Amazon was just granted Federal Aviation Administration approval to start conducting deliveries by drone, and it could put pressure on rivals such Alphabet-owned Wing, which got the FAA go-ahead last year and has been testing its service in the US and Australia.
But according to Wing’s ex-chief operating officer Faisal Masud, who helped oversee Wing’s launch as an independent business under Alphabet, Amazon’s entry into this space may be a good thing for its Google-backed rival.
“I think Alpha XRing in helps the industry, frankly, and unlocks more and more availability for people to understand what drones can do for them,” he told Business Insider.
Masud, who worked across a number of roles at Amazon for several years, joined Wing in 2018 as COO when it was still a part of Alphabet’s moonshot division, X. Last year, he moved into an advisory role at the company before departing this past July.
Masud spoke highly of Wing’s efforts to get ahead in this space, but warned that it will be a long time before delivery drones really take off.
“Unfortunately, I don’t see drone deliveries getting to massive scale any time soon,” he said. “Just because of the regulatory environments. It’s not going to be an uphill battle, but it’s going to take time. There are so many levels of approvals needed.”
Led by Jeff Wilke, the Amazon drone group had ballooned to almost 1,000 employees as of June, according to a Business Insider investigation. Wing’s team size is “much smaller” than Amazon, said Masud. The company declined to give an exact employee number when asked.
That could put the pressure on Wing, but Masud said the two have somewhat different missions. Wing is more interested in partnering with retailers to deliver food, medicine, and specific items, he said, while Amazon is pushing for a general package delivery drone service – although one that will obviously have limits (a new couch might be out of the question).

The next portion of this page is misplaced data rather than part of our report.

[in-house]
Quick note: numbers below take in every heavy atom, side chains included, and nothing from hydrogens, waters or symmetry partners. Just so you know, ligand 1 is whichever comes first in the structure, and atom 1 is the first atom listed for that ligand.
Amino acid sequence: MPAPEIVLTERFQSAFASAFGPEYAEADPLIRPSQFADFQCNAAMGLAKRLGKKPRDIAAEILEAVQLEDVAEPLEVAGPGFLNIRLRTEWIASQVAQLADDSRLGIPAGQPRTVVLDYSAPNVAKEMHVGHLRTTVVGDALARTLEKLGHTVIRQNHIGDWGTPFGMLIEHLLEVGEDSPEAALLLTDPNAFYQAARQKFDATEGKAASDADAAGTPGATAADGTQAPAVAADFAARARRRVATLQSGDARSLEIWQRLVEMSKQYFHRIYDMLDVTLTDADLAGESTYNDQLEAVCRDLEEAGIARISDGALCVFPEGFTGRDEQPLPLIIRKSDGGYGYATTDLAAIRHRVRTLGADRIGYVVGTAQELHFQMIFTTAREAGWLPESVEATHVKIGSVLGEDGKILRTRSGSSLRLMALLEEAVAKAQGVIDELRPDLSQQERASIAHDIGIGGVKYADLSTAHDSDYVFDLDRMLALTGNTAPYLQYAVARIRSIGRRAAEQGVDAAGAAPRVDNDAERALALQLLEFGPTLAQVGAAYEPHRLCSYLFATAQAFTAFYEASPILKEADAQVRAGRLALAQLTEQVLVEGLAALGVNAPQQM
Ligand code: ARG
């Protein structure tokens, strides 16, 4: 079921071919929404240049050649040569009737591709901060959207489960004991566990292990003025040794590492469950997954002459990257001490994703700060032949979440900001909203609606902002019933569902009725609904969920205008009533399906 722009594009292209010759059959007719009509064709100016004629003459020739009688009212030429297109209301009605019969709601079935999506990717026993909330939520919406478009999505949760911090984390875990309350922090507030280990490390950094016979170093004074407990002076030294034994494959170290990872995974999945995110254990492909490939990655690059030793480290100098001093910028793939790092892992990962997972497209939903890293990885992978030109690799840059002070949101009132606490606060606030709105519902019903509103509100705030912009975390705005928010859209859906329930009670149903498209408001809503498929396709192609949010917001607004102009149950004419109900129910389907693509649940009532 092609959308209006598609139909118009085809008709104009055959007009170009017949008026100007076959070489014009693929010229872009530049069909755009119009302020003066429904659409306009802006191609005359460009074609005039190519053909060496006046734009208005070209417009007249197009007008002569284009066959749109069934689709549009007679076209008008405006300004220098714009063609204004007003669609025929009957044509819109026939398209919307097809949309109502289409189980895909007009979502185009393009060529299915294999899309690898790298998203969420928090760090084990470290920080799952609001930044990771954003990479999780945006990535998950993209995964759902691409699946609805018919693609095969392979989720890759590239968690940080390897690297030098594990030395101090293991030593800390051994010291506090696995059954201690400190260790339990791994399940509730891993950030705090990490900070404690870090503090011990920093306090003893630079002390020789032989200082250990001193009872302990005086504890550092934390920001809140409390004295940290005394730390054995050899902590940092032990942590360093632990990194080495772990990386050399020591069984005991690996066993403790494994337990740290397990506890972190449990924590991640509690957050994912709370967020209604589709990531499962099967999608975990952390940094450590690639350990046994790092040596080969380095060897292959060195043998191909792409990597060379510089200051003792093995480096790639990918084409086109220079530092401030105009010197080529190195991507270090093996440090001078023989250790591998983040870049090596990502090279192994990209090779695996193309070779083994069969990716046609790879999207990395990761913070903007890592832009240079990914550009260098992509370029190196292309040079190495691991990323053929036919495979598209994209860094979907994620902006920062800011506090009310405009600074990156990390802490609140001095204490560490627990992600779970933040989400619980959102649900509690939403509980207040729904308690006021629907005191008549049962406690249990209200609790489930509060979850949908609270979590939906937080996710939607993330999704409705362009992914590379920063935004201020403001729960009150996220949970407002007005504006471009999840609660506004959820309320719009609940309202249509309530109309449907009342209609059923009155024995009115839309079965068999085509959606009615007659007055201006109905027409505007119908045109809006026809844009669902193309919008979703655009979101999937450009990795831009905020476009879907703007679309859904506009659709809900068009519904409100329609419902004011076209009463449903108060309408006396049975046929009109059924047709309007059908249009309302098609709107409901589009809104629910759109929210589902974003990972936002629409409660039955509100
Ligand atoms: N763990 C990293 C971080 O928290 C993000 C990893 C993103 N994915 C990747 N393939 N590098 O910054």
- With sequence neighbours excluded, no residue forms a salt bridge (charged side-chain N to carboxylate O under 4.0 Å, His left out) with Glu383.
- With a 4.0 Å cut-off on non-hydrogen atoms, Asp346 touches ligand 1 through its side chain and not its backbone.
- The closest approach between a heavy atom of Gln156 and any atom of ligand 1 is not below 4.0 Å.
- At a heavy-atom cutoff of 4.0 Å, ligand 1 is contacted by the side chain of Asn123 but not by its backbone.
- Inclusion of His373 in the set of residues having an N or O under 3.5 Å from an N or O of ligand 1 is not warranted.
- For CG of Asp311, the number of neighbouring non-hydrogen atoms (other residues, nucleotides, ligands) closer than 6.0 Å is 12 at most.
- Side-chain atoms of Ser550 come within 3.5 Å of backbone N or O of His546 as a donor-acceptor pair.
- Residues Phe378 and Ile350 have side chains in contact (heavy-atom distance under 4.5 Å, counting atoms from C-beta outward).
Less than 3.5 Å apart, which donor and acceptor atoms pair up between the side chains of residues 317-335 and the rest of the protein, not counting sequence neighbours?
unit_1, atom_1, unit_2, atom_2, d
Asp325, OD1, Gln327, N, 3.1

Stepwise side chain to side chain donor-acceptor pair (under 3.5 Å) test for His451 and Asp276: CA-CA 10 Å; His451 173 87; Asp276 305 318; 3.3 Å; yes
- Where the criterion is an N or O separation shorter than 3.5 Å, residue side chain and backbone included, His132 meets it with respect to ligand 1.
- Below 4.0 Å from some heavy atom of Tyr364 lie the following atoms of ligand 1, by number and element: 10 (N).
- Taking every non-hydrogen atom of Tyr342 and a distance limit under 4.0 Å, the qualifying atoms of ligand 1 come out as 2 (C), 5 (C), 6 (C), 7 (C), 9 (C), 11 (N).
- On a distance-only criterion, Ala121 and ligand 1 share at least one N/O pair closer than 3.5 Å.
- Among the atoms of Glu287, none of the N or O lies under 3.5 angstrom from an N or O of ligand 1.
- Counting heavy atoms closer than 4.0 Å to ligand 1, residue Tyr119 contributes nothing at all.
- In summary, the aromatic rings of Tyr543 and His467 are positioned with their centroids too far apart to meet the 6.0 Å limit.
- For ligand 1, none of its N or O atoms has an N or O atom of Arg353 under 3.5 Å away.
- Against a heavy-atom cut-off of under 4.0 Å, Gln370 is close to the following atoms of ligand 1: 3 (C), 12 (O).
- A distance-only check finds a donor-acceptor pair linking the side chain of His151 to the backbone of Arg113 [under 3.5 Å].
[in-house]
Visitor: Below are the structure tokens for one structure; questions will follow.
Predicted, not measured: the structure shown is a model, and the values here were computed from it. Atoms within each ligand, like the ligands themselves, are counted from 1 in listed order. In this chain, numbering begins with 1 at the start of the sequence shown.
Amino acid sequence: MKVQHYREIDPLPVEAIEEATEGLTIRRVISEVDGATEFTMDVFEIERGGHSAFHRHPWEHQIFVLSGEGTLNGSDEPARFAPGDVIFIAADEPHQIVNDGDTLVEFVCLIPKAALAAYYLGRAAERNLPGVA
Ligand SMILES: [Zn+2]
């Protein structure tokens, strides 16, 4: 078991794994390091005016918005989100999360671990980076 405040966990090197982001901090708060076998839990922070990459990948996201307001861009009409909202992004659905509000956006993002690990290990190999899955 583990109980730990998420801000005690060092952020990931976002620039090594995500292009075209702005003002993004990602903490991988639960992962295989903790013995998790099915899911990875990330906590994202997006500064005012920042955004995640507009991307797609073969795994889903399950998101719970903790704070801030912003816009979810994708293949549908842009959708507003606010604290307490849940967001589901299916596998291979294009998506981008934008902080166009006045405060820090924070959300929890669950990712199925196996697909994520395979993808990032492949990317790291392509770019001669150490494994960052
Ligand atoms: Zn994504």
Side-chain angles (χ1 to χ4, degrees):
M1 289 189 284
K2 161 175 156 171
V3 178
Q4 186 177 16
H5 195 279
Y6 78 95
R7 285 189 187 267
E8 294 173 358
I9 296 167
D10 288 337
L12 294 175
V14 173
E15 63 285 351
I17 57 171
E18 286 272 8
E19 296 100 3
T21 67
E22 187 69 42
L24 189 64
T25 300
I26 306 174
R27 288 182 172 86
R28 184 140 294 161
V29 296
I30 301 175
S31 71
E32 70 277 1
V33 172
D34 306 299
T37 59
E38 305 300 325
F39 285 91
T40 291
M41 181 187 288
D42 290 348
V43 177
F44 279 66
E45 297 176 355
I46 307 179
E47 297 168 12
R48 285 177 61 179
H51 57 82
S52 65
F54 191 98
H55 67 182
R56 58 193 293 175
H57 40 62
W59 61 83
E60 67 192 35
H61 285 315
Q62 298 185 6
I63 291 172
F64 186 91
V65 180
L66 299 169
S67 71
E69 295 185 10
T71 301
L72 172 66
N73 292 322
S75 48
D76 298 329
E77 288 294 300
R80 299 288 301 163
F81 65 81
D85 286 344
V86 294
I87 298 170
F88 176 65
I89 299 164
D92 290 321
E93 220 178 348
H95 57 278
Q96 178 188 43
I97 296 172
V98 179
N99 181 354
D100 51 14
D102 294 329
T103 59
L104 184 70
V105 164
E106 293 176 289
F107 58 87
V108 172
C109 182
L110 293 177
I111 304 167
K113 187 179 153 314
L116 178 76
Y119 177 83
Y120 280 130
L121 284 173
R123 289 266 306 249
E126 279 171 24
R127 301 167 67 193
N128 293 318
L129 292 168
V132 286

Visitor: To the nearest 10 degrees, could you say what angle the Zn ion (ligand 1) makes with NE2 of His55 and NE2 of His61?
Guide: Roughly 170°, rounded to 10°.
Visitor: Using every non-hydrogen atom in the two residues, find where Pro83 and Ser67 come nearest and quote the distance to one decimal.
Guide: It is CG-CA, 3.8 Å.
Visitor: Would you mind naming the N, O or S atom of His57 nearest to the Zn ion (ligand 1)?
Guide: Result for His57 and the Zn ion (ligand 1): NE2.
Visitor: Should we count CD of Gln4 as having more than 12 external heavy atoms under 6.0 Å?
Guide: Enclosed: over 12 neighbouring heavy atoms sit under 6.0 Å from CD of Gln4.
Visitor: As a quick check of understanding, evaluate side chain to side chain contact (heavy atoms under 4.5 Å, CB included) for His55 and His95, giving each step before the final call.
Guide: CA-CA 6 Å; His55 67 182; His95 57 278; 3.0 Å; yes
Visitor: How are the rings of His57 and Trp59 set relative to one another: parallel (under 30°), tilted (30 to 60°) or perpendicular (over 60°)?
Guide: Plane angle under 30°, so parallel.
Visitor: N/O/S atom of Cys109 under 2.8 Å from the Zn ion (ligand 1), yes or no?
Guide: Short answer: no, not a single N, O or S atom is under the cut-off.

“I think Wing embraces Amazon,” said Masud. “Wing has no concerns with Amazon, because Amazon is a package delivery approach.”
But urban delivery will be a big hurdle for any drone delivery company. The permissions granted to both Amazon and Wing permit testing only in rural areas, and even then there are tight restrictions.
“I just don’t see any path for urban [deliveries] at this point,” said Masud. “It’s so complicated. But for rural and semi-rural and deep suburban areas, this could be a game-changer.”
The pandemic has at least partly proven out this theory. In April, Wing reported an increase in customer demand in deliveries of toothpaste, toilet paper and more at its testing area of Christiansburg, Virginia.
“We always felt that suburbs and rural areas of the country are always sort of the second or third in line when it comes to any sort of innovation,” said Mahud. “Urban cities get all the love out the gate with food delivery and all sorts of innovation.”
‘The whine of a dentist’s drill overheard while enjoying the solitude of the bush’
Amazon has other challenges too, Masud believes. “Their last-mile delivery is so inexpensive to begin with that the economics to make drone delivery viable for them is a tougher choice. They’ve already got an existing mode of delivery, and now they’re sort of reverse-engineering drone delivery into that.”
But it hasn’t been smooth flying for Alphabet’s drone ambitions, either. Beyond the regulatory hurdles, an inquiry last year into Wing’s tests in Bonython, Australia discovered residents complaining about the drones being too loud, with one describing it as “the whine of a dentist’s drill overhead while enjoying the solitude of the bush.”
Amazon also isn’t the only one entering this battle. UPS last year also won government approval to test its fleet of delivery drones, while Walmart recently launched a small pilot program in North Carolina. Amazon, which is also allowed to carry out tests with customers in the UK, has not said when it will start tests US-side.
All of these companies will be held back from more widespread testing until federal regulations catch up, but Masud believes this will come as the result of customer demand – not the other way around.
“Similar to what happened with Uber, where it was customers banging the doors down demanding the service, this has to be organic,” said Masud. “Everything can’t be forced from the top, it has to come bottom-up. The more customers realize this could be super-beneficial to them and make noise about it, the more progress you’ll see on the regulatory front. Until then it’s going to be more moderate steps towards finding that unlock.”